The federal government's plan to more than double the cost of humanities courses as part of sweeping changes to higher education policy has disappointed many in the Peel region.
As part of the reforms a three-year humanities degree would more than double in cost for students, from about $20,000 now to $43,500.
Fees for law degrees, typically four years, would also jump from $44,620 now to $58,000.
Mandurah MP David Templeman, who is the Minister for Culture and the Arts, said the decision to increase the cost of humanities subjects by 113 per cent was "unfair".
"I think it is grossly unfair to discriminate between university degrees," he said.
"The humanities shape our modern and civic society and it is really disappointing the Liberal federal government cannot understand this."
Mandurah filmmaker Mark Regan, who also teaches film and digital studies at Murdoch University, echoed this view as he said humanities contribute significantly to society.
"Humanities degrees create many important jobs in our society that boost our economy," he said.
"Humanities degrees help create the people we listen to on radio, the comedians that make us laugh, the artists that paint murals on buildings, and the journalists who keep our democracy intact."
The humanities shape our modern and civic society and it is really disappointing the Liberal federal government cannot understand this.Mandurah MP David Templeman
Mr Regan, who has a career as a direct result of humanities degrees, said the reforms would mean "less jobs" for people like himself.
"Being a full time teacher for the last 15 years has enabled me to share my passion of film making with university students but also pay my mortgages and household bills," he said.
"But with extra fees deterring people from studying humanities, it will mean less jobs for people like me."
Announcing the reforms, Education minister Dan Tehan said it would incentivise students to make more 'job-relevant' decisions about their education.
"One of the sad things when you have a recession is that youth unemployment does grow and we've got to make sure that we skill young Australians so when the jobs are there, they can take them," he told ABC television last Friday.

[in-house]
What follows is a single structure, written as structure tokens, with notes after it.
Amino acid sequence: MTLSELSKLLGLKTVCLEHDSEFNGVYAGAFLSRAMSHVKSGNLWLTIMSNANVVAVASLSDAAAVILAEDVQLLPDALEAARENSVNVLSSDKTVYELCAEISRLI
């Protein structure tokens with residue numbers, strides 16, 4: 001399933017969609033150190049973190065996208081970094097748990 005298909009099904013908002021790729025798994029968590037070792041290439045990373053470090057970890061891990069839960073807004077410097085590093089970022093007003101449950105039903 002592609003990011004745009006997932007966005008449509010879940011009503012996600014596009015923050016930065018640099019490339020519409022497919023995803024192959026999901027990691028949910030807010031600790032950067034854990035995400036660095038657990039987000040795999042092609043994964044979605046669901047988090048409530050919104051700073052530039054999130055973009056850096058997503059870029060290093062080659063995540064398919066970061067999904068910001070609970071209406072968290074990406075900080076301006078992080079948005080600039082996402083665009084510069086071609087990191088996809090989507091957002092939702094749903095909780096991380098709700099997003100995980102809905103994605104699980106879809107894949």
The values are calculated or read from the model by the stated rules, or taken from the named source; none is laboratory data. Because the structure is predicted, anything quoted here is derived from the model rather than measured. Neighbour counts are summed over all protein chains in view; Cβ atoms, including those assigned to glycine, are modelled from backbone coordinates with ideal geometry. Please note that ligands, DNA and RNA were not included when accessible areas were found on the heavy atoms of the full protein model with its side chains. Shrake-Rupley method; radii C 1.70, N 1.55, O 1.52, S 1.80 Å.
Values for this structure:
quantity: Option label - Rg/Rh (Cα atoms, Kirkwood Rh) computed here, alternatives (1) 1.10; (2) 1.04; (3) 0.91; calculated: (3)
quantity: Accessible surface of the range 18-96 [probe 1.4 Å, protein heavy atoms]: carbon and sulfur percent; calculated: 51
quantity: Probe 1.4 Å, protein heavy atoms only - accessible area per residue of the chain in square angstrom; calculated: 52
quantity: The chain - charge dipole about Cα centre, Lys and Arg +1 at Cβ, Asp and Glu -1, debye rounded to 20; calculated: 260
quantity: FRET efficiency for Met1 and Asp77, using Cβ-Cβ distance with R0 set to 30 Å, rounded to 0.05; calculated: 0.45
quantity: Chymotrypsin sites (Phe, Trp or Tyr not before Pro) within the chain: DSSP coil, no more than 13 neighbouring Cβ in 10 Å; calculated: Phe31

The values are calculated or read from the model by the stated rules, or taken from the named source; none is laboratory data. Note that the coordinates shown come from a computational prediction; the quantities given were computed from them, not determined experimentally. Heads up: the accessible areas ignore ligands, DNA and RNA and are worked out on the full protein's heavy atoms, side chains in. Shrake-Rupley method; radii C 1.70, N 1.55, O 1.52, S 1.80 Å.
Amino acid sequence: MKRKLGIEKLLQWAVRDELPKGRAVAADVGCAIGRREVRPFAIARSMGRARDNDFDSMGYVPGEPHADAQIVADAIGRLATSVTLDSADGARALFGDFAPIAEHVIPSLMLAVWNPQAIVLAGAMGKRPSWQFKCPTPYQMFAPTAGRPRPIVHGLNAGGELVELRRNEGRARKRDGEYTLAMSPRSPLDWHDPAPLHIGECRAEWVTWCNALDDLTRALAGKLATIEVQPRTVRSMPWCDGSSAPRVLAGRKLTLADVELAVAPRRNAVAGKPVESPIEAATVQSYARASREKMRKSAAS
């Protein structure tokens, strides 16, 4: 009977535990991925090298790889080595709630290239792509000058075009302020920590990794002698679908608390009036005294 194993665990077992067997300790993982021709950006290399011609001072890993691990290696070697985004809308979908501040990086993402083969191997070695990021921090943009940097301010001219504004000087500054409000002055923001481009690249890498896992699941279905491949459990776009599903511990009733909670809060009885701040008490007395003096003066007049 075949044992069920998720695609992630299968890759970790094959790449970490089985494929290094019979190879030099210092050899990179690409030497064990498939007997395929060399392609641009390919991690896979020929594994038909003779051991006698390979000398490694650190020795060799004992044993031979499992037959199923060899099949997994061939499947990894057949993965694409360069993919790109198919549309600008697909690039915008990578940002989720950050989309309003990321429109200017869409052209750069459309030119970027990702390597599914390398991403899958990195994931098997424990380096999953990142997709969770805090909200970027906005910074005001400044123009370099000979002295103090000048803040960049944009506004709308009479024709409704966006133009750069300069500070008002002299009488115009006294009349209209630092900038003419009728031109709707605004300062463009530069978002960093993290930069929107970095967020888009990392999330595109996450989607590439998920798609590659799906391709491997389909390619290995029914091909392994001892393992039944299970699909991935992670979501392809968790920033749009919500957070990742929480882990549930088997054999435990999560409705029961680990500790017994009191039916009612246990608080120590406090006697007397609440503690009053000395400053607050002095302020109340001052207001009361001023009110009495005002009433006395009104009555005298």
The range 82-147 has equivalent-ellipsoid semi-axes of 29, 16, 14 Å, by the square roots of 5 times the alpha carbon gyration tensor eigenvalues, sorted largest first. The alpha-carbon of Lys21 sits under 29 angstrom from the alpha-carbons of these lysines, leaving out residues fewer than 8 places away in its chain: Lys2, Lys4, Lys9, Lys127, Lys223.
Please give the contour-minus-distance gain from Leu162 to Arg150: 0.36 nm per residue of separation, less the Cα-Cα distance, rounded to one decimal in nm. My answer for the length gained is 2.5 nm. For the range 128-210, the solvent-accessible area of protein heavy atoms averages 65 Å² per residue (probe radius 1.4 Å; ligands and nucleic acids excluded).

As part of the plans, costs would be reduced for courses in teaching, nursing, clinical psychology, English and languages, agriculture, maths, health, architecture, environmental science, IT and engineering.
In a time where universities across the world are seeing the benefit in mixing skill sets to create more holistic graduates and asking all students to take units outside their degree, Australia is punishing students for taking humanities units.UWA Bachelor of Arts graduate Jamieson Kay
Those doing the more expensive degrees will be able to cut their costs by taking up courses in the cheaper, more "useful" areas.
But Murray UWA graduate Jamieson Kay, who studied English language and cultural studies, and political science and international relations, said humanities degrees were just as job-relevant as STEM courses.
"The current trend in the job market is to seek out good communication skills, critical thinking and analysis skills, as well as strong writing and editing all of which are essentially the bread and butter of the humanities," the Coolup woman said.
"Bachelor of Arts are also stepping stones to post graduate courses, which are job ready so they are now making it harder for people to access these job ready courses.
"In a time where universities across the world are seeing the benefit in mixing skill sets to create more holistic graduates and asking all students to take units outside their degree, Australia is punishing students for taking humanities units, which just prevents people from getting a well rounded education.
"The government could help create a less hostile job market for graduates rather than try to force graduates into jobs which may or may not be there in five years when they graduate."